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For Clinical Labs: Avoid False-Positives and Negatives by Being a Control Freak

Posted by Eric Morreale on Nov 26, 2019 12:00:00 PM

static.scientificamerican.comblogscachefile5EE1BB90-E73C-4C3A-B5F056B02A78F7AFDo you consider yourself a control freak?

And by control, we mean quality control - the procedures and materials implemented to ensure test accuracy and precision. Most importantly, having the proper controls in place provides confidence in the accuracy of your tests and the reported results, reducing the risk of generating false-positives or false-negatives. A strong quality program has the added benefits of reducing both the amount of valuable staff time expended on troubleshooting, as well as costly instrument and assay downtime.

Gain More Control Within Your Lab Operations

In a clinical lab, quality control (QC) involves -- among many other things -- running known positive and negative samples (controls) on an assay to confirm performance. 

There are a number of factors that could cause an assay to fail: operator error, degrading reagents, faulty equipment. But if you have a sample with known characteristics, you can proactively identify potential issues. Where many quality control programs fall short, however, is in the strength of their control samples.

A common weakness is that many clinical labs rely on the controls provided in manufacturers’ assay kits. One significant problem with these manufacturer-provided controls is that they are typically strongly positive samples. But simply because an assay can detect a strong-positive, doesn’t mean it will also pick up lower concentrations of the target analyte that may be found in actual patient samples, especially near the clinically relevant assay cutoff. Furthermore, in-kit controls often mimic the calibrators, and do not offer a true long-term quality assessment of the assay across reagent lots.

Highly-characterized, patient-like external reference materials - manufactured independent of the IVD assay kit components and targeted near the test’s clinical cutoff - will challenge your assays more rigorously than standard internal kit controls.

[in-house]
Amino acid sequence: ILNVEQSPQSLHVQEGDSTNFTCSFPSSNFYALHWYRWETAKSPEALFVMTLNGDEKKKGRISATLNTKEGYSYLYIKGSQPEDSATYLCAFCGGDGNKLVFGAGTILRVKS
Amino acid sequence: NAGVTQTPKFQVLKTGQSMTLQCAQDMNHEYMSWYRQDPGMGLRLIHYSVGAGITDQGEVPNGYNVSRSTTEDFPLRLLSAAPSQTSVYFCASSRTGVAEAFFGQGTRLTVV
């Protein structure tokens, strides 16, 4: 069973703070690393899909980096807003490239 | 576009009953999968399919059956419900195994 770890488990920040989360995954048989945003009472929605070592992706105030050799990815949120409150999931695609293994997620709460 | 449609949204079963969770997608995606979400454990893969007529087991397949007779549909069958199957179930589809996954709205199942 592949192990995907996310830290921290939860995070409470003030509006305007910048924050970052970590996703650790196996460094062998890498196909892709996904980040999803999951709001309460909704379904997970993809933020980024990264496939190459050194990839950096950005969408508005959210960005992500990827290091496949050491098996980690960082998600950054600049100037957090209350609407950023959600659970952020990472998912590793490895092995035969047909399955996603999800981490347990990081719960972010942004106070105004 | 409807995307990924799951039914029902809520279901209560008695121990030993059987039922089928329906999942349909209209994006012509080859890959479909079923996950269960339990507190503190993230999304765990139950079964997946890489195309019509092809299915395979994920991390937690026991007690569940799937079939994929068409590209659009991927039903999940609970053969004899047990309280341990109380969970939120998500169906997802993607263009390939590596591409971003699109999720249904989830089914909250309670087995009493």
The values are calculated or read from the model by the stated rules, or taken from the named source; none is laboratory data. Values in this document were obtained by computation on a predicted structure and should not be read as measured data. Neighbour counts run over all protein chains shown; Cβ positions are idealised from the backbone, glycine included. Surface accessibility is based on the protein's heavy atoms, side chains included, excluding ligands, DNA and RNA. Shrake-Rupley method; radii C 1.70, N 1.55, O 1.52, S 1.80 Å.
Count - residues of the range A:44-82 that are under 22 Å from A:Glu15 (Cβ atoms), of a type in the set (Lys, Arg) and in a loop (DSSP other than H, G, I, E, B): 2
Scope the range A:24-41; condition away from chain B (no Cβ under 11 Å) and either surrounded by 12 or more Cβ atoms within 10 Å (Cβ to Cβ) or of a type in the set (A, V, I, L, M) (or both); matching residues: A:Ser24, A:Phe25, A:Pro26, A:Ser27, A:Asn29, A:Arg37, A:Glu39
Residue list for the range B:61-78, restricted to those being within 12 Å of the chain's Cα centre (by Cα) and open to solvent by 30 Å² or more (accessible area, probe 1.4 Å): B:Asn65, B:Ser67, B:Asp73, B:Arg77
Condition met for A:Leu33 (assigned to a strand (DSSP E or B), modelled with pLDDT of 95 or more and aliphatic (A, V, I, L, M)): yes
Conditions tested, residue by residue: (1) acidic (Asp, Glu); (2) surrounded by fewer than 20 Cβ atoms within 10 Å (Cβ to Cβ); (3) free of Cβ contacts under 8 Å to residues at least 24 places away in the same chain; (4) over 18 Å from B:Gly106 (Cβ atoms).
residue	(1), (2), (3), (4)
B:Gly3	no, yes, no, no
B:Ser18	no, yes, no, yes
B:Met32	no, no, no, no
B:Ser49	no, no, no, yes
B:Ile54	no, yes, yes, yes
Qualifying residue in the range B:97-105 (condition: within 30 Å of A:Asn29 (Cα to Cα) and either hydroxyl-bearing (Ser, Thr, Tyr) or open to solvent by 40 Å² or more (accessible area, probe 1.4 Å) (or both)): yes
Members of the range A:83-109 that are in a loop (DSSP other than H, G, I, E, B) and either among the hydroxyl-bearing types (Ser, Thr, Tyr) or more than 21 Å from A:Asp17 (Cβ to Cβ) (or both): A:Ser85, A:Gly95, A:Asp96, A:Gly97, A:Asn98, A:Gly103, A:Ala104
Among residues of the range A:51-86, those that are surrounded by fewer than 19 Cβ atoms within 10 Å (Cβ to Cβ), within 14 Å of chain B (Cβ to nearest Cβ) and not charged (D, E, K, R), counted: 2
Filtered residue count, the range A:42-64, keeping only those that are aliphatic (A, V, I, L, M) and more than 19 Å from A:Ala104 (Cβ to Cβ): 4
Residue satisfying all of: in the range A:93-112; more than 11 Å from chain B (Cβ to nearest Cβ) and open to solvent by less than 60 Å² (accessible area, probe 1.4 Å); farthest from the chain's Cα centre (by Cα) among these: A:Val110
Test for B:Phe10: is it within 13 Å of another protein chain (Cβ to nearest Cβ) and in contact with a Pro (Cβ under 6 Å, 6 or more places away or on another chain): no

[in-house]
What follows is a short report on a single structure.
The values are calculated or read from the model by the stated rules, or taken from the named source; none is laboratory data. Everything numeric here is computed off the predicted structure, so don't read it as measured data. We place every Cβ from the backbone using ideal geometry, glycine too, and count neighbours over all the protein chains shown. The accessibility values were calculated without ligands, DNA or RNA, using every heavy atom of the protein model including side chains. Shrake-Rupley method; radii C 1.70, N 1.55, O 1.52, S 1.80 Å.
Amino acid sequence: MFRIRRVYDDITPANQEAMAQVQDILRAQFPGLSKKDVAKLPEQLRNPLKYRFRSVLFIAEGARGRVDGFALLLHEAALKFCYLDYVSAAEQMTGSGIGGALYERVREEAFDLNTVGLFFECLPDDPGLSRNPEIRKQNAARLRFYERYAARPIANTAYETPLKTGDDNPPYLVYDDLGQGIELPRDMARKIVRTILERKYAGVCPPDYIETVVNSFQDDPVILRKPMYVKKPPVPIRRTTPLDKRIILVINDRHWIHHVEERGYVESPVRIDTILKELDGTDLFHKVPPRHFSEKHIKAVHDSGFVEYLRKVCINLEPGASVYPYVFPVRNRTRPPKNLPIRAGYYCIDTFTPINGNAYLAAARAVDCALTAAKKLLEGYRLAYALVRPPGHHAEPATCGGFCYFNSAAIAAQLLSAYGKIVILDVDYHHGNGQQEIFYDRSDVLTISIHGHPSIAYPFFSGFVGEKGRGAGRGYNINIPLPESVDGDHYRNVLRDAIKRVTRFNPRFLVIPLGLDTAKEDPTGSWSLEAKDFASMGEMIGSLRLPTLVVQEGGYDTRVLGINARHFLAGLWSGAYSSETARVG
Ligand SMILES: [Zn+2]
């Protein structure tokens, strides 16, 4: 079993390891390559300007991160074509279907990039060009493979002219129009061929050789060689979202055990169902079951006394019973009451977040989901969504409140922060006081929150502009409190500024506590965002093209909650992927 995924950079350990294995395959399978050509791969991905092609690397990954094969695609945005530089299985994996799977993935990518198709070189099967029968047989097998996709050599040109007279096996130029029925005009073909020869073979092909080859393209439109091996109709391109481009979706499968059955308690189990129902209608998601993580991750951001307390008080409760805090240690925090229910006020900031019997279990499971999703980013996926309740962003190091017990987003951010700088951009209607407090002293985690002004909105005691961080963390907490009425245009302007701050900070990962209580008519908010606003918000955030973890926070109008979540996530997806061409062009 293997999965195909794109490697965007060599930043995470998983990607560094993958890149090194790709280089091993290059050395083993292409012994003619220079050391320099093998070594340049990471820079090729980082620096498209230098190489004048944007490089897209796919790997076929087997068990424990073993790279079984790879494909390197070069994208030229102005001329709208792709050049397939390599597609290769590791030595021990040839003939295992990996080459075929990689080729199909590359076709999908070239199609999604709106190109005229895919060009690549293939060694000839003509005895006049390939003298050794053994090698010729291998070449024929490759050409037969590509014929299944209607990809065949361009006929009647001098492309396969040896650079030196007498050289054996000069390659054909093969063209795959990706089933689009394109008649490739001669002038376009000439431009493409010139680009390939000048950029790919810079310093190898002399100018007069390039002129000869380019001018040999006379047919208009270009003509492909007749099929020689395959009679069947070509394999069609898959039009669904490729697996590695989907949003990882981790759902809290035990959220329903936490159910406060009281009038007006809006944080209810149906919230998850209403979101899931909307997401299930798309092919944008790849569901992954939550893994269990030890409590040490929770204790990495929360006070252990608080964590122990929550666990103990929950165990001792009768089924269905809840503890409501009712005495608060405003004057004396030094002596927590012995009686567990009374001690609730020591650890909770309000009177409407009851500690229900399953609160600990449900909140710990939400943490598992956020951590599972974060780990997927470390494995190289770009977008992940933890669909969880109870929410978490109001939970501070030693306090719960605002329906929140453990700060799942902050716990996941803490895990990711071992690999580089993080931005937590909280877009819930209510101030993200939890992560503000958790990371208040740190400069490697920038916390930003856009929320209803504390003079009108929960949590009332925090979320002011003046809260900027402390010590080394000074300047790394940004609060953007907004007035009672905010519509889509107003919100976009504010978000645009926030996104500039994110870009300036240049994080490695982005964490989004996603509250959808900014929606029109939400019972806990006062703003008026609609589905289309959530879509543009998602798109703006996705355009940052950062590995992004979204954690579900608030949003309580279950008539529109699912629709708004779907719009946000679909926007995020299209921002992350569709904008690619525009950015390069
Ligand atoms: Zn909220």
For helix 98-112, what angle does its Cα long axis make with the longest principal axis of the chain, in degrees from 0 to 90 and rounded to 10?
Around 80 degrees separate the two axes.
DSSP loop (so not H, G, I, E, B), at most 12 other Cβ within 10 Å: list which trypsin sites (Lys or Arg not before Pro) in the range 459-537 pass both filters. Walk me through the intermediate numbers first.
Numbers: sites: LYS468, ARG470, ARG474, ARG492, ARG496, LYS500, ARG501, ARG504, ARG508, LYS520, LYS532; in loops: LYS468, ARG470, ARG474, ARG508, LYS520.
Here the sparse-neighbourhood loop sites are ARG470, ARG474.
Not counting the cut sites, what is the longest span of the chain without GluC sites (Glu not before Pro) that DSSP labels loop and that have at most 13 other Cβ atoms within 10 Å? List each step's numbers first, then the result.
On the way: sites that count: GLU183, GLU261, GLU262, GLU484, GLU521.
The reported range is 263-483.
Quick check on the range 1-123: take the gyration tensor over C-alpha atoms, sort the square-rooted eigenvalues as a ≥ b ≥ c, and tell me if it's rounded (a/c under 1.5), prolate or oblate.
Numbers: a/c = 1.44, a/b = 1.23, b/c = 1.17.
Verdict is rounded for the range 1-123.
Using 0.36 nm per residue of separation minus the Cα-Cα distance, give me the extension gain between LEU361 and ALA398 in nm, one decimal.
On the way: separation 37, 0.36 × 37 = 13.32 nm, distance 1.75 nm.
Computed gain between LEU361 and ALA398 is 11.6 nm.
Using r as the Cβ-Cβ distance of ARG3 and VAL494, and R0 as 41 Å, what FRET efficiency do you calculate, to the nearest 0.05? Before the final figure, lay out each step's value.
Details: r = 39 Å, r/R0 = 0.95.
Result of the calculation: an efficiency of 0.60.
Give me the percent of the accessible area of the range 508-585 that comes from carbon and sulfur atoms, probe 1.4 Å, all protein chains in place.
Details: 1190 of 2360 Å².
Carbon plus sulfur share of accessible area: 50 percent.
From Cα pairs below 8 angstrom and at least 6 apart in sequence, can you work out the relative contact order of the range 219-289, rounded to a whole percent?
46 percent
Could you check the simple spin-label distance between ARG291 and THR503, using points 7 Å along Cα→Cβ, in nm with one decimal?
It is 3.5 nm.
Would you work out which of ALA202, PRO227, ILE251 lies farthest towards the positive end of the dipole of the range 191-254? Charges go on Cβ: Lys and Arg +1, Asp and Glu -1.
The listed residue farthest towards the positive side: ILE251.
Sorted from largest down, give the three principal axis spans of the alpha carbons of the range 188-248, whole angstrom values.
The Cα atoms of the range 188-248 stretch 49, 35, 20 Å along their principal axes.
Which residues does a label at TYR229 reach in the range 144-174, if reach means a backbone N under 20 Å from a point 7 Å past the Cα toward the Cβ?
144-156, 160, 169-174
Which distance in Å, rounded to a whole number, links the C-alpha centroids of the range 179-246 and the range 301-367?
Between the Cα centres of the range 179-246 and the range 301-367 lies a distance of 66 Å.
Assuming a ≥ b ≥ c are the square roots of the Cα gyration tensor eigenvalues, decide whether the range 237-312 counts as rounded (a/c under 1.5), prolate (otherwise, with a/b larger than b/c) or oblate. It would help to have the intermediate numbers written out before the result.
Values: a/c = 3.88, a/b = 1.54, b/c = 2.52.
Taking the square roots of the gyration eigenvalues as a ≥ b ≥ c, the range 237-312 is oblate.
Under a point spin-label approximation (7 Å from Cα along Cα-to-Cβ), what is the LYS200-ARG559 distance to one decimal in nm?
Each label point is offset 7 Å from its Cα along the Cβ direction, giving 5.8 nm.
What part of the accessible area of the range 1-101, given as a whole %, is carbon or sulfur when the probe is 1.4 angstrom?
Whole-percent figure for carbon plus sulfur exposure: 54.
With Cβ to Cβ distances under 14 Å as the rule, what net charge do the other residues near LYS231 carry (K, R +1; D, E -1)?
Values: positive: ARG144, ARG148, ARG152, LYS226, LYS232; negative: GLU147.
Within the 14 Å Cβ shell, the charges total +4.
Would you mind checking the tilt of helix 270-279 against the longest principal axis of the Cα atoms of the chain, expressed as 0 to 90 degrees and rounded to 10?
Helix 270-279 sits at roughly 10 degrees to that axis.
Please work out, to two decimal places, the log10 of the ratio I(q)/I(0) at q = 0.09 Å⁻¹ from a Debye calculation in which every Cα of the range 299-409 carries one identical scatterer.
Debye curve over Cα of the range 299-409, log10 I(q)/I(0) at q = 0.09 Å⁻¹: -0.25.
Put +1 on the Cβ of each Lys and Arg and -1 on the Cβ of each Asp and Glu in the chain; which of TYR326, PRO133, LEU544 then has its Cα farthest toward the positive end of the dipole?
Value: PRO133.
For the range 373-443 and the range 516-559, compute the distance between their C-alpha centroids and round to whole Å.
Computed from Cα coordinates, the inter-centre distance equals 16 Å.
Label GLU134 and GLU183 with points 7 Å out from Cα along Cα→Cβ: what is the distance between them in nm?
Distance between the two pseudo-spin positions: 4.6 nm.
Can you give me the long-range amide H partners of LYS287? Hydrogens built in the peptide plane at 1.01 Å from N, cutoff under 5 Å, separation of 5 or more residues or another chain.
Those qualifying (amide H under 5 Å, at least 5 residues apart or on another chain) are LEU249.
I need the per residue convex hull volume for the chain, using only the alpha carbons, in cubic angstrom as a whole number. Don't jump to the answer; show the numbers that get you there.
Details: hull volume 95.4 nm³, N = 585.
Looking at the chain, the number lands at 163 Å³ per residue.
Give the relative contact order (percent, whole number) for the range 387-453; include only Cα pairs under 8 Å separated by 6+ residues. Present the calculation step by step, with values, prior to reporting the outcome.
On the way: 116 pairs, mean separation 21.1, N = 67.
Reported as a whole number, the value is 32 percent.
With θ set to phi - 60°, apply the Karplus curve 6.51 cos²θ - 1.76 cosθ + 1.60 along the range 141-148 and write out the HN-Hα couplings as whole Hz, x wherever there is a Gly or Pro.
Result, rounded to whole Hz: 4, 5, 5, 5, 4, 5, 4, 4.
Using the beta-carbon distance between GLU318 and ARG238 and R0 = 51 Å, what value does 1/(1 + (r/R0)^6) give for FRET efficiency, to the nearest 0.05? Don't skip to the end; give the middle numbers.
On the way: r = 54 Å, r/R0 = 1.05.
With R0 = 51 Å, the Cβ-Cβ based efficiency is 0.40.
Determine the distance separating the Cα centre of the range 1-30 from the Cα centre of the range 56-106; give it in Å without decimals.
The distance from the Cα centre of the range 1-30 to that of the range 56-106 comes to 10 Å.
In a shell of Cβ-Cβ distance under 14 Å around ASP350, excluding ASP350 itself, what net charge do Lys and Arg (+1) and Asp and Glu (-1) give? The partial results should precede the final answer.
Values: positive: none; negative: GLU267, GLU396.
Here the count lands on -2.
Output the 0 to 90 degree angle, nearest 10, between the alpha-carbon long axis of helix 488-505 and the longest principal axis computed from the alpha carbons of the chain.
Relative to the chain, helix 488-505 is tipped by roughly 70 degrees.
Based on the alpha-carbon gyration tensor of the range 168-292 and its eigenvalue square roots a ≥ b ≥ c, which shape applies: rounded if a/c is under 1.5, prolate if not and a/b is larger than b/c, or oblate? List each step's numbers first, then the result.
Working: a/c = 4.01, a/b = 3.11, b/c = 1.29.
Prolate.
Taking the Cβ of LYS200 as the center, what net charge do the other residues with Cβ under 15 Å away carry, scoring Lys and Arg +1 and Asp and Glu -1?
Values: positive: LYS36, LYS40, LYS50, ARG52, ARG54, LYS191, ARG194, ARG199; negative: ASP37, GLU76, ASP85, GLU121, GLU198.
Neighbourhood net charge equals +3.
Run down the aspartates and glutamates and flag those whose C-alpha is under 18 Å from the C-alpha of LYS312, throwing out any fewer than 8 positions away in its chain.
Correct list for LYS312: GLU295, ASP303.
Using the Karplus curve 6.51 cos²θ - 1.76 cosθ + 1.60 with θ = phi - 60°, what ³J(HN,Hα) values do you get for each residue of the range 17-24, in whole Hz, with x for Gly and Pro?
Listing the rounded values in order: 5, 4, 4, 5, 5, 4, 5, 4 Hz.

Best-in-class QC means running both internal and external controls daily. Doing so will help you identify problems with your assays and procedures earlier. It will limit downtime for both equipment and staff, and most of all, will reduce the likelihood of sending erroneous results to clinicians.

What to Look for In Third-Party Controls

SeraCare’s portfolio of ACCURUN molecular and serology controls and reference materials are excellent examples of independent controls that will help you verify the accuracy of your assays and testing procedures. They:

  • Mimic true patient samples, enabling you to evaluate the entire testing workflow from extraction to detection, as a true full-process control should.
  • Feature weak reactivity, allowing your lab to better evaluate variability near the clinically relevant assay cut-off.
  • Are reliable, stable, and consistent. No more worries trying to identify a dependable source of high-quality reference materials.
  • Are ready to use. ACCURUN products require no preparation before use, and offer multiple configurations to choose from.

Avoiding false results in your clinical lab is all about gaining control by using the right controls. Learn more about improving the accuracy and efficiency of your lab in our free eBook for lab personnel, “Best Practices for Clinical Labs: Strategies for Implementing a Best-in-Class Quality Control System.”

 

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Topics: M&S